Authentic Caesar Salad From a Windowsill Garden
Urban gardening in Chicago
I've started an experiment this year: how easy is it, really, to grow vegetables and herbs in a windowsill?
When I moved to Brooklyn from Manhattan three years ago, I was rather taken with the idea of urban agriculture, romanticizing the rustic life of the small producer who grows his own vegetables, raises his own livestock, and scavenges the seas for the rest. (This fantasy was fueled rather steadily by episodes of the River Cottage by Hugh Fearnley-Whittingstall, which, unlike his books, is more fun than serious and, for people who like food, perhaps the greatest television series ever created). I was lucky to have some plots in community gardens and a sweet backyard to experiment in. But now in Chicago my apartment really is like city living. All I have is a couple windowsills.
People always talk about windowsill and fire escape gardening as the solution for urban dwellers, but I was curious to see if it would actually work. So I bought some potting soil, a few windowboxes, and some herb and vegetables seedlings from the farmer's markets. I have been watching my plants grow for the last month.
So far--maybe I'm lucky with good plants and a solid 4 hours or so of sunlight--the experiment has been a wild success. I mean, I am growing strawberries outside my window. Have you ever eaten a tiny, just-picked strawberry? They make most others taste like flavored water.
I can't keep my basil small enough, I'm never buying clamshells of fresh thyme, I can scissor fresh chives over morning scrambled eggs, I have the mint whenever a craving for mojitos arrives, and perhaps most exciting of all, my two strawberry plants have taken root and are sending their tendrils crawling all over the place, hopefully to produce more berries.
For dinner last night I trimmed off the outside leaves (the way you're supposed to harvest lettuce, leaving the center intact so that the plant can keep growing) off of my 4 little heads of romaine. Then I turned to Alice Waters' The Art of Simple Food for a recipe for Caesar salad. Lemon juice, red wine vinegar, mashed garlic, minced anchovy, Parmesan cheese, and an egg yolk--that's what's in a real Caesar dressing (which was invented in Mexico, by the way). Nothing gummy or white and no grilled chicken in sight. This was the real thing.
It's not too late to throw up a windowbox and plant some herbs. Don't bother with seeds--most farmer's markets and increasingly grocery stores will sell you a seedling for maybe a dollar more than it costs to buy a clamshell of the same herbs in the produce section. I'm pretty sure this is the secret to my success. The plants were in good shape when I got them and all I had to do was make sure they had water.
Get some potting soil for vegetables, which usually have enough food for the plants to eat for at least three months, and off you go. Water every day, since the shallow windowbox can dry out easily.
It's pretty much win-win: the herbs taste better when fresh, and you end up saving money by not having to buy bunches over and over.
Adapted from [ The Art of Simple Food ](http://www.amazon.com/exec/obidos/ASIN/0307336794/pauperdchef-20)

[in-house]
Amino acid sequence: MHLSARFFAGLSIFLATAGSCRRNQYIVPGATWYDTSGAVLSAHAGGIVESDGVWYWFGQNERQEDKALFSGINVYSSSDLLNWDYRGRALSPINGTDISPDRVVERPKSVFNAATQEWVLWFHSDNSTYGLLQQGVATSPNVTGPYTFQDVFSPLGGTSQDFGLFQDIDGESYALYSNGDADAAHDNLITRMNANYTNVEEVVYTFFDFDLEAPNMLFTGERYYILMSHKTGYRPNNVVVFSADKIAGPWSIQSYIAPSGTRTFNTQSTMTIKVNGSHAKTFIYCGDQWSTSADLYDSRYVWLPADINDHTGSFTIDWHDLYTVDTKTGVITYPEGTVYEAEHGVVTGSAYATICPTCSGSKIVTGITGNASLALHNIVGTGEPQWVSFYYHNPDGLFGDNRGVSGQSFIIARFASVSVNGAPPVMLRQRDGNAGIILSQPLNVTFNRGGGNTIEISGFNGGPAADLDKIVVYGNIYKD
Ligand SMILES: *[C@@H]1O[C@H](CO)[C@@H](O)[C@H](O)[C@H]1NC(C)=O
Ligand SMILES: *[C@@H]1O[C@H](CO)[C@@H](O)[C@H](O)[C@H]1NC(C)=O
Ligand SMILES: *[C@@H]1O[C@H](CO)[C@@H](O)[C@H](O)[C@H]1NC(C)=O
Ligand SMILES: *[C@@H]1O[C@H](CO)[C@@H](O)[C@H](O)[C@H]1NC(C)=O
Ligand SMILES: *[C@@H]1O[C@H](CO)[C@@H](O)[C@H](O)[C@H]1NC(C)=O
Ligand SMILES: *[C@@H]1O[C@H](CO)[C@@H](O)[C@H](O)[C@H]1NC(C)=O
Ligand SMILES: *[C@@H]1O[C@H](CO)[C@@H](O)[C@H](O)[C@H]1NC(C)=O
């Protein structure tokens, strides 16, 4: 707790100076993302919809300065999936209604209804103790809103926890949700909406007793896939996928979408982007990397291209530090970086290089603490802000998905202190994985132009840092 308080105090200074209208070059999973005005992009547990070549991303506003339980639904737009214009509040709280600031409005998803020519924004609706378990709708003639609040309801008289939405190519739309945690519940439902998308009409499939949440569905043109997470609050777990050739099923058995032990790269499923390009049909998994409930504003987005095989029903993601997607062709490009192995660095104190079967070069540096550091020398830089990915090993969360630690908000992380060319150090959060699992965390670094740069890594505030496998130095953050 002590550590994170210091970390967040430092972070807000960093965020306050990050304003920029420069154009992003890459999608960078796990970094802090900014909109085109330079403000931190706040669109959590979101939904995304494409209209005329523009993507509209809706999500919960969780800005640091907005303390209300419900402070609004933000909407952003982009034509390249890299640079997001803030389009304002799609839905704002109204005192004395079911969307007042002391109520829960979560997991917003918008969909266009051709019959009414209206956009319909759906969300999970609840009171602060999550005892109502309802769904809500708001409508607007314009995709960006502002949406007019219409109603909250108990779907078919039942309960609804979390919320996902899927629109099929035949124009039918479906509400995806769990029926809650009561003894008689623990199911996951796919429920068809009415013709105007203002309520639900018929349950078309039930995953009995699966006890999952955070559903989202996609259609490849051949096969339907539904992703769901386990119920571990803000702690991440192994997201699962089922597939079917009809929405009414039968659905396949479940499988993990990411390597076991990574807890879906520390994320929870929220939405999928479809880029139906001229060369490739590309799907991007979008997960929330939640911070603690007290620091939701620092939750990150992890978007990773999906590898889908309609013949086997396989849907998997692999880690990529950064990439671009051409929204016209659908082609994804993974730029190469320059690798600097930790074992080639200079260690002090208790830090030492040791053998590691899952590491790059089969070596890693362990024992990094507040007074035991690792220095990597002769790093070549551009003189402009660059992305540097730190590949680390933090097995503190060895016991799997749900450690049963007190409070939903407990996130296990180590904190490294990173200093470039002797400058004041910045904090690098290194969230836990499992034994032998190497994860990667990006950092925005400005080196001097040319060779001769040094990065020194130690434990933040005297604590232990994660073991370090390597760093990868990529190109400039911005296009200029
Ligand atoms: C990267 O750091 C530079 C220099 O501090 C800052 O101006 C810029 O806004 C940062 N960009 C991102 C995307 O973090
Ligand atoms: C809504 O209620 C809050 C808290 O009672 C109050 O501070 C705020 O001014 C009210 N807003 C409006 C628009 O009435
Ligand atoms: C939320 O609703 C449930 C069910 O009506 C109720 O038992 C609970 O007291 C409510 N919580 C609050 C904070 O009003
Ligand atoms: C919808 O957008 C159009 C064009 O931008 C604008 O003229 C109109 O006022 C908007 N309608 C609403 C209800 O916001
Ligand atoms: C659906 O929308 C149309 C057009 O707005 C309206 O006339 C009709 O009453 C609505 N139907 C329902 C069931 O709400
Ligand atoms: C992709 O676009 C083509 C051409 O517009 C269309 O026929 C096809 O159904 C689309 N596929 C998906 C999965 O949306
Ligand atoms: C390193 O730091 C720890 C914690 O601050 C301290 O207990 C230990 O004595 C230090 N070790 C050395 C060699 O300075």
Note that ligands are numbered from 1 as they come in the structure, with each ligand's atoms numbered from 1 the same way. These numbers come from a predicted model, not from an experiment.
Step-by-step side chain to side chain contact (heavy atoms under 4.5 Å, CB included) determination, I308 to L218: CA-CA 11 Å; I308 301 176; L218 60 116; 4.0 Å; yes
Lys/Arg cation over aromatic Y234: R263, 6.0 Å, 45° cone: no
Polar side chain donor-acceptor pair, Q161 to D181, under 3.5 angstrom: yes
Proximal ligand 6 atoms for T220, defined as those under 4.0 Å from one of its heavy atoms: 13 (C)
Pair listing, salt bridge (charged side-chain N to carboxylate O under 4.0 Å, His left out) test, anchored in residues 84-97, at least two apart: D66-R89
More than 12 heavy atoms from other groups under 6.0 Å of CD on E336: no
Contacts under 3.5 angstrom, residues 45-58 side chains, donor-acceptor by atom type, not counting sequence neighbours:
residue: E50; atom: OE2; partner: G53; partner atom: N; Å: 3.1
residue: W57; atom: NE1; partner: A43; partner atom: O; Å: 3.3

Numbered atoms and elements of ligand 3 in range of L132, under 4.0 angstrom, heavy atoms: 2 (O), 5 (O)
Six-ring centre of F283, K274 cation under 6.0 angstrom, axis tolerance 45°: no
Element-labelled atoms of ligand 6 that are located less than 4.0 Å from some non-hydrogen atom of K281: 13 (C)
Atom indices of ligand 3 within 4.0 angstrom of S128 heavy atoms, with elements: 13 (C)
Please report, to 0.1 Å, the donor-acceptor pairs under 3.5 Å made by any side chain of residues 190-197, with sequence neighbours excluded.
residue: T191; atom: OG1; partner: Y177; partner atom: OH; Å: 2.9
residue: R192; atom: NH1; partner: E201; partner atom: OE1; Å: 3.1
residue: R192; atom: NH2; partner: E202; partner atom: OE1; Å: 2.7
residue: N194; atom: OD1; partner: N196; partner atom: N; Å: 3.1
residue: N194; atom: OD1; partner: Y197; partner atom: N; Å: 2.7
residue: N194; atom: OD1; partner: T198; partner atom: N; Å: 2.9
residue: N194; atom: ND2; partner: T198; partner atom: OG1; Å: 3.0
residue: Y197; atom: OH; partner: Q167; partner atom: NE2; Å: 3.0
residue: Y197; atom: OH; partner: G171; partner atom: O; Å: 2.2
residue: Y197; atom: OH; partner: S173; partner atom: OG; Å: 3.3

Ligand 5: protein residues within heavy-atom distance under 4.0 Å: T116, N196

- serves 4 -
- 3 ounces day-old bread cut 1/2 inch cubes
- 1 1/2 tablespoons olive oil
- 1 tablespoon red wine vinegar
- 1 tablespoon lemon juice
- 2 garlic cloves, pounded to a puree (or put through a garlic press)
- 2 teaspoons chopped anchovies, about 2-3 fillets
- Salt and freshly ground pepper
- 1 egg yolk
- 1/4 cup olive oil
- 1/2 cup Parmesan, freshly grated
- 2 heads romaine lettuce, dark outer leaves removed
Toss the bread cubes with olive oil and a generous amount of salt. Bake at 350 F for 10-12 minutes, stirring occasionally so they toast evenly. Don't let them cook too long—they're best crispy on the outside but still chewy on the inside. You can also put them into a large skillet over medium-low heat, tossing occasionally until they are golden and chewy.
Meanwhile, wash the lettuce well, tearing the larger leaves into bite-size pieces and leaving the small light interior leaves whole. Dry well in a salad spinner and chill until ready to serve.
In a small bowl, mix together the acids, garlic, anchovies, and a good pinch of salt and pepper. Whisk in the olive oil very slowly to make an emulsion. Then whisk in the egg yolk and a handful of the Parmesan cheese (perhaps half). Taste for seasoning and acidity with a piece of the lettuce.
In a large bowl, add the lettuce and pour over 3/4 of the dressing, tossing well, adding more dressing if needed. Add most of the remaining cheese, and arrange the salad in serving bowls or plates. Toss the croutons in the large bowl to soak up remaining dressing, and scatter them over the individual servings. Top with any remaining cheese and serve with a twist of black pepper.Food, Vegetarian, Salad, alice waters, American, caesar salad, Caesar salad, Caesar Salad, Chicago, Condiments, farmer, food, Food and drink, Gardening, Gardening, Hugh Fearnley-Whittingstall, Human Interest, Mexican cuisine, oil, producer, River Cottage, Romaine lettuce, Salad dressings, Salads, Salads, So I, Vegetables, windowsill gardening
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